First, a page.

Dosing: Geriatric

Refer to adult dosing.

Dosing: Pediatric

Spasticity: Oral:

Note: Dose should be titrated and individualized for maximum effect; use the lowest dose compatible with optimal response. Some patients may not respond until a higher daily dosage is achieved; each dose level should be maintained for 7 days to determine patient response. If no further benefit observed with the higher dose level, then decrease dosage to previous dose level. Because of the potential for hepatotoxicity, stop therapy if benefits are not evident within 45 days.

Initial: 0.5 mg/kg/dose once daily for 7 days; increase to 0.5 mg/kg/dose 3 times daily for 7 days, increase to 1 mg/kg/dose 3 times daily for 7 days, and then increase to 2 mg/kg/dose 3 times daily; some patients may require 2 mg/kg/dose 4 times daily; maximum dose: 400 mg daily

Malignant hyperthermia (MH): Refer to adult dosing.

Dosing: Renal Impairment

There are no dosage adjustments provided in the manufacturer’s labeling.

Dosing: Hepatic Impairment

There are no dosage adjustments provided in the manufacturer’s labeling; use of oral dantrolene in patients with active liver disease (eg, hepatitis and cirrhosis) is contraindicated.

Reconstitution

Injection, powder for reconstitution:

Dantrium, Revonto: Reconstitute vial by adding 60 mL of sterile water for injection only (not bacteriostatic water for injection); avoid glass bottles for IV infusion due to potential for precipitate formation.

Ryanodex: Reconstitute vial by adding 5 mL of sterile water for injection only (not bacteriostatic water for injection); shake well (suspension is an orange color). Do not dilute or transfer the suspension to another container to infuse the product.

Extemporaneously Prepared

A 5 mg/mL oral suspension may be made with dantrolene capsules, a citric acid solution, and either simple syrup or syrup BP (containing 0.15% w/v methylhydroxybenzoate). Add the contents of five 100 mg dantrolene capsules to a citric acid solution (150 mg citric acid powder in 10 mL water); mix while adding the chosen vehicle in incremental proportions to almost 100 mL. Transfer to a calibrated bottle and add quantity of vehicle sufficient to make 100 mL. Label "shake well" and "refrigerate". Simple syrup suspension is stable for 2 days refrigerated; syrup BP suspension is stable for 30 days refrigerated.

Nahata MC, Pai VB, and Hipple TF, Pediatric Drug Formulations, 5th ed, Cincinnati, OH: Harvey Whitney Books Co, 2004.

Administration

IV: Therapeutic or emergency dose can be administered with rapid continuous IV push. Follow-up doses should be administered over at least 1 minute (Ryanodex) or 1 hour (Dantrium, Revonto).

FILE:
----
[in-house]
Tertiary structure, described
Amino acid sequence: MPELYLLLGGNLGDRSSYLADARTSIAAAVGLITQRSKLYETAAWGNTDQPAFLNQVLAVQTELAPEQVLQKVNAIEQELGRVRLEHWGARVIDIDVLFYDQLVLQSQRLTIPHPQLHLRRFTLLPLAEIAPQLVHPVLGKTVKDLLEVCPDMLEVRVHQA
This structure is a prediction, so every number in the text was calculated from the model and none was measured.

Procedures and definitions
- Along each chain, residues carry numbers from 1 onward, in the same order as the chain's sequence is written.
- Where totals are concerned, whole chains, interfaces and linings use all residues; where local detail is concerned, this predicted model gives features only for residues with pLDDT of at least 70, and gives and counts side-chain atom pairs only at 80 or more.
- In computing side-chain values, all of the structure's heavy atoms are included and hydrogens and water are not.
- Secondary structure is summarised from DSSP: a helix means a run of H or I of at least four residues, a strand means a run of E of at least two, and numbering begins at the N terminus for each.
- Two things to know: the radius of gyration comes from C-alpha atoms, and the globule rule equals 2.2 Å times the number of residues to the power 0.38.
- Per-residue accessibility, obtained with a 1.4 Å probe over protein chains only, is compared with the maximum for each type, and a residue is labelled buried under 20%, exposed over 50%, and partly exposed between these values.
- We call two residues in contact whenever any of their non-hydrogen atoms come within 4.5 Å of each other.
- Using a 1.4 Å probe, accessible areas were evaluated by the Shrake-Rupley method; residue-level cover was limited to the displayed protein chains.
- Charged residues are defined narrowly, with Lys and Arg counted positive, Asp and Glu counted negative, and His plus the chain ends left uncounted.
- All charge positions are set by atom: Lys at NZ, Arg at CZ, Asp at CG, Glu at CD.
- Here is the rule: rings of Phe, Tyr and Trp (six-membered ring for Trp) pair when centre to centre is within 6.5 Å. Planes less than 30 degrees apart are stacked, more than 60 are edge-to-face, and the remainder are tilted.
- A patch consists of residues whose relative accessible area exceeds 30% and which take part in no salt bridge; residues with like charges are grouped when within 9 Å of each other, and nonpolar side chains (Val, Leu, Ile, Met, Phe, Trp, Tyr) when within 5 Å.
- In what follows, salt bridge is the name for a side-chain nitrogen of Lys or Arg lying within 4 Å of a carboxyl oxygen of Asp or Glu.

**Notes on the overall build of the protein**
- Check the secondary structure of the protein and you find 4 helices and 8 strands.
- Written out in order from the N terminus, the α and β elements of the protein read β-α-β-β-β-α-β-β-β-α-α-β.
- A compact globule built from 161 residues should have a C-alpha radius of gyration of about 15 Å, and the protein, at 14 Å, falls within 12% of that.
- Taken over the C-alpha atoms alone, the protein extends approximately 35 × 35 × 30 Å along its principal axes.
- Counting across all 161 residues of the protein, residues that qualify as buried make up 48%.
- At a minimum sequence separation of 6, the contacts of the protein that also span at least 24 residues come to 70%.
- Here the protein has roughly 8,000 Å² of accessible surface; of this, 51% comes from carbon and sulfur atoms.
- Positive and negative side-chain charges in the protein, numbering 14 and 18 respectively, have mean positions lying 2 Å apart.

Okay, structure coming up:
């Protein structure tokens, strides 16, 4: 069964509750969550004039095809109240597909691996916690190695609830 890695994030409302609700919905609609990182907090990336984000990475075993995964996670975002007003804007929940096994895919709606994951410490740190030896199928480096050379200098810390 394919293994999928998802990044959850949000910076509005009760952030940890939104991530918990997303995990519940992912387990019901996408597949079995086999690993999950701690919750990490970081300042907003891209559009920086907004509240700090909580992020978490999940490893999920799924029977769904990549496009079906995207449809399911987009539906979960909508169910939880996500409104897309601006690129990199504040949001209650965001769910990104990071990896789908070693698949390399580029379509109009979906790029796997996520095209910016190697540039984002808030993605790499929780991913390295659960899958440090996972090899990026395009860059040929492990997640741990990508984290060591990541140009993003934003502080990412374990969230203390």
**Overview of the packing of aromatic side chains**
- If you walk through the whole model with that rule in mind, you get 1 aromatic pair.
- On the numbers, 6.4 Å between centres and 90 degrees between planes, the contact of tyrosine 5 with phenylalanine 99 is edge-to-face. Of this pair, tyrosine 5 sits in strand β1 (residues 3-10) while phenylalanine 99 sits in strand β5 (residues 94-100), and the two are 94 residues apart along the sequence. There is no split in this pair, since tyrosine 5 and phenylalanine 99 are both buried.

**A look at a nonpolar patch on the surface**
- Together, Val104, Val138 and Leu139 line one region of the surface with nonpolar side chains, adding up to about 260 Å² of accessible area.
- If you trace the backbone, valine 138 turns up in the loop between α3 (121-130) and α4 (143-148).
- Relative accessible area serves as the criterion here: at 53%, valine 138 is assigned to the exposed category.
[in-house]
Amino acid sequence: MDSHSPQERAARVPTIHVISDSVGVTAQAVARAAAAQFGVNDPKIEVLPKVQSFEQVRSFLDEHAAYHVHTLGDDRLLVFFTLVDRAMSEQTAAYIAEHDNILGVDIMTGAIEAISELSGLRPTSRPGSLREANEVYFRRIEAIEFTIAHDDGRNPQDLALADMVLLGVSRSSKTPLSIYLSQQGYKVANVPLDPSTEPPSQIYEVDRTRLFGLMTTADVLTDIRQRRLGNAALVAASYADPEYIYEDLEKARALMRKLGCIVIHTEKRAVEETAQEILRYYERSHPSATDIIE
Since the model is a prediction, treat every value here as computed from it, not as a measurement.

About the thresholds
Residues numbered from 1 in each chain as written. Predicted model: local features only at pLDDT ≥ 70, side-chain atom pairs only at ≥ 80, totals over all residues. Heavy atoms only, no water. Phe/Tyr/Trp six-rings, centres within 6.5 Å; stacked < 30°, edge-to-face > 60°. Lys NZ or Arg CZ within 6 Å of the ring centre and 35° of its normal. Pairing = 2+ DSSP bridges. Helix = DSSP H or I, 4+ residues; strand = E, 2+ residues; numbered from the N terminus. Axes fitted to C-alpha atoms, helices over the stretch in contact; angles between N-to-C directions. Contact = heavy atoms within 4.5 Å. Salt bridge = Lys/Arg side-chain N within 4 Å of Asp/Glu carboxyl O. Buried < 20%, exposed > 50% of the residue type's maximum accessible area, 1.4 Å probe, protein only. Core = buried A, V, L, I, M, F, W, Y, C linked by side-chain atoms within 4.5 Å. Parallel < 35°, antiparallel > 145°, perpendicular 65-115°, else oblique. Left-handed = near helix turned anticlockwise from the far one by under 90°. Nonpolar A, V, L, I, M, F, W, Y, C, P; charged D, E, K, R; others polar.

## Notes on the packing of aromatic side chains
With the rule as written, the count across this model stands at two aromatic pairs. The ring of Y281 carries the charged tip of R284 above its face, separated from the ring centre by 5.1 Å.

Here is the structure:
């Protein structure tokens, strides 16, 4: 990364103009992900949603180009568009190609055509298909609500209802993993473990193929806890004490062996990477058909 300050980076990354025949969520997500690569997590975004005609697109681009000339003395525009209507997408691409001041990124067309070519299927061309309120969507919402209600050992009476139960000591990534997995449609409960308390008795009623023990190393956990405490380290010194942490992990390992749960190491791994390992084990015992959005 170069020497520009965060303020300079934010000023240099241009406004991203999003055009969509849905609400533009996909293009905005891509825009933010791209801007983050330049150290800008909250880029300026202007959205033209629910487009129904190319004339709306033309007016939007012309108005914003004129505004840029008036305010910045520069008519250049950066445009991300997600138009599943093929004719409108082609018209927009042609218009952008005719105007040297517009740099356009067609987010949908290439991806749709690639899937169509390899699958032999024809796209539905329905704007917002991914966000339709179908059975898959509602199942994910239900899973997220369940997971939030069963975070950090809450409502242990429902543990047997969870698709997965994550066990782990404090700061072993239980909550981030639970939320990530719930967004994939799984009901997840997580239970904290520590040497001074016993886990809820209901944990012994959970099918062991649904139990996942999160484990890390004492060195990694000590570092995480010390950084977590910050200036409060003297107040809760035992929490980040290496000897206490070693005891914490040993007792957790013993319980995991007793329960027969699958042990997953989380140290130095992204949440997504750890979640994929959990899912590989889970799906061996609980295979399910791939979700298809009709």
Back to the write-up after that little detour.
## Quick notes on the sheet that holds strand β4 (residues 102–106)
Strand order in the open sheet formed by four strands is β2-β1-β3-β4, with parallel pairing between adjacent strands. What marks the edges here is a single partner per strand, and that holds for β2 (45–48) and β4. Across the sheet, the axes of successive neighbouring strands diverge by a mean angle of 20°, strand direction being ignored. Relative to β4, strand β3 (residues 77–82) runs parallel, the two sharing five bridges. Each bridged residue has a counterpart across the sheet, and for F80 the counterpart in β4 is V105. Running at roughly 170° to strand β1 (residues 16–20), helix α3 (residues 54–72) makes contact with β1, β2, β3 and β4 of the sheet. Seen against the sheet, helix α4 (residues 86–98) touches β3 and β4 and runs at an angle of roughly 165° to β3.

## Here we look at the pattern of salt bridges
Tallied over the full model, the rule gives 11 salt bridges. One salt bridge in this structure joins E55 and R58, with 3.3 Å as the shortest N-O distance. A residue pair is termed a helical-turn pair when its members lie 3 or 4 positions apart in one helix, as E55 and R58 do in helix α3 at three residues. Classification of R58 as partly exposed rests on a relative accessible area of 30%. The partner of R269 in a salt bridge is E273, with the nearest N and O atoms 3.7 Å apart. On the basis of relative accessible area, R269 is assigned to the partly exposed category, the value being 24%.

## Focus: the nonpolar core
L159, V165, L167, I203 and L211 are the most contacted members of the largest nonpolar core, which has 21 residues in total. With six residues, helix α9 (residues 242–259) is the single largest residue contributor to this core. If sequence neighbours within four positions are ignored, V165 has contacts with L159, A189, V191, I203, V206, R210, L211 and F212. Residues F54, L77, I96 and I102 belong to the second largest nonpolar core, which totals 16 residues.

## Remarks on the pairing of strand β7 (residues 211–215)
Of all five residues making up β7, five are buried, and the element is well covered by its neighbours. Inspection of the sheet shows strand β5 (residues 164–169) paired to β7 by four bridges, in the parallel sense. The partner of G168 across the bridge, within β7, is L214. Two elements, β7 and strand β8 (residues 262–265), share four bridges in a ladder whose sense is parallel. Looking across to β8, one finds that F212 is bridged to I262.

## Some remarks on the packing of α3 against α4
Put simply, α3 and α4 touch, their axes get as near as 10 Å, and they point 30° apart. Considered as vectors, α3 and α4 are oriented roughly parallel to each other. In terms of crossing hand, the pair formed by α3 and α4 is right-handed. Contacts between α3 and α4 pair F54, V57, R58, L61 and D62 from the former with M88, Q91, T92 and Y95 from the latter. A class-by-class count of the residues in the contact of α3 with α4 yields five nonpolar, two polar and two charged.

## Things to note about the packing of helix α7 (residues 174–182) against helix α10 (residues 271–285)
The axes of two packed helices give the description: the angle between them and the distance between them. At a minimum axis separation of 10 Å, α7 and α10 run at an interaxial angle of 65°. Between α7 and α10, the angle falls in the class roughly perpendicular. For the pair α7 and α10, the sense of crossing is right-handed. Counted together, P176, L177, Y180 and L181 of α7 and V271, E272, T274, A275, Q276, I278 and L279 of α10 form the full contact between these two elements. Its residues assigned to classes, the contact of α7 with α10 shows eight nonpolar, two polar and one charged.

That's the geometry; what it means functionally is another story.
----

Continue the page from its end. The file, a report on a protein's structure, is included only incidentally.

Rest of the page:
Vesicant; ensure proper needle or catheter placement prior to and during infusion; avoid extravasation.

Extravasation management: If extravasation occurs, stop infusion immediately and disconnect (leave cannula/needle in place); gently aspirate extravasated solution (do NOT flush the line); remove needle/cannula; elevate extremity.

Compatibility

Incompatible with D5W, NS, and other acidic solutions

Storage

Capsules: Store at 20°C to 25°C (68°F to 77°F).

Injection, powder for reconstitution: Protect from light. Use reconstituted solution within 6 hours of preparation.

Dantrium: Store unreconstituted vials and reconstituted solutions at 15°C to 30°C (59°F to 86°F).

Revonto: Store unreconstituted vials and reconstituted solutions at 20°C to 25°C (68°F to 77°F).

Ryanodex: Store unreconstituted vials at 20°C to 25°C (68°F to 77°F); excursions are permitted between 15°C and 30°C (59°F and 86°F). Store reconstituted solutions at 20°C to 25°C (68°F to 77°F).

Drug Interactions

Alcohol (Ethyl): CNS Depressants may enhance the CNS depressant effect of Alcohol (Ethyl). Monitor therapy

Analgesics (Opioid): CNS Depressants may enhance the CNS depressant effect of Analgesics (Opioid). Management: Avoid concomitant use of opioid analgesics and benzodiazepines or other CNS depressants when possible. These agents should only be combined if alternative treatment options are inadequate. If combined, limit the dosages and duration of each drug. Consider therapy modification

Azelastine (Nasal): CNS Depressants may enhance the CNS depressant effect of Azelastine (Nasal). Avoid combination

Blonanserin: CNS Depressants may enhance the CNS depressant effect of Blonanserin. Consider therapy modification

Bosentan: May decrease the serum concentration of CYP3A4 Substrates. Monitor therapy

Brimonidine (Topical): May enhance the CNS depressant effect of CNS Depressants. Monitor therapy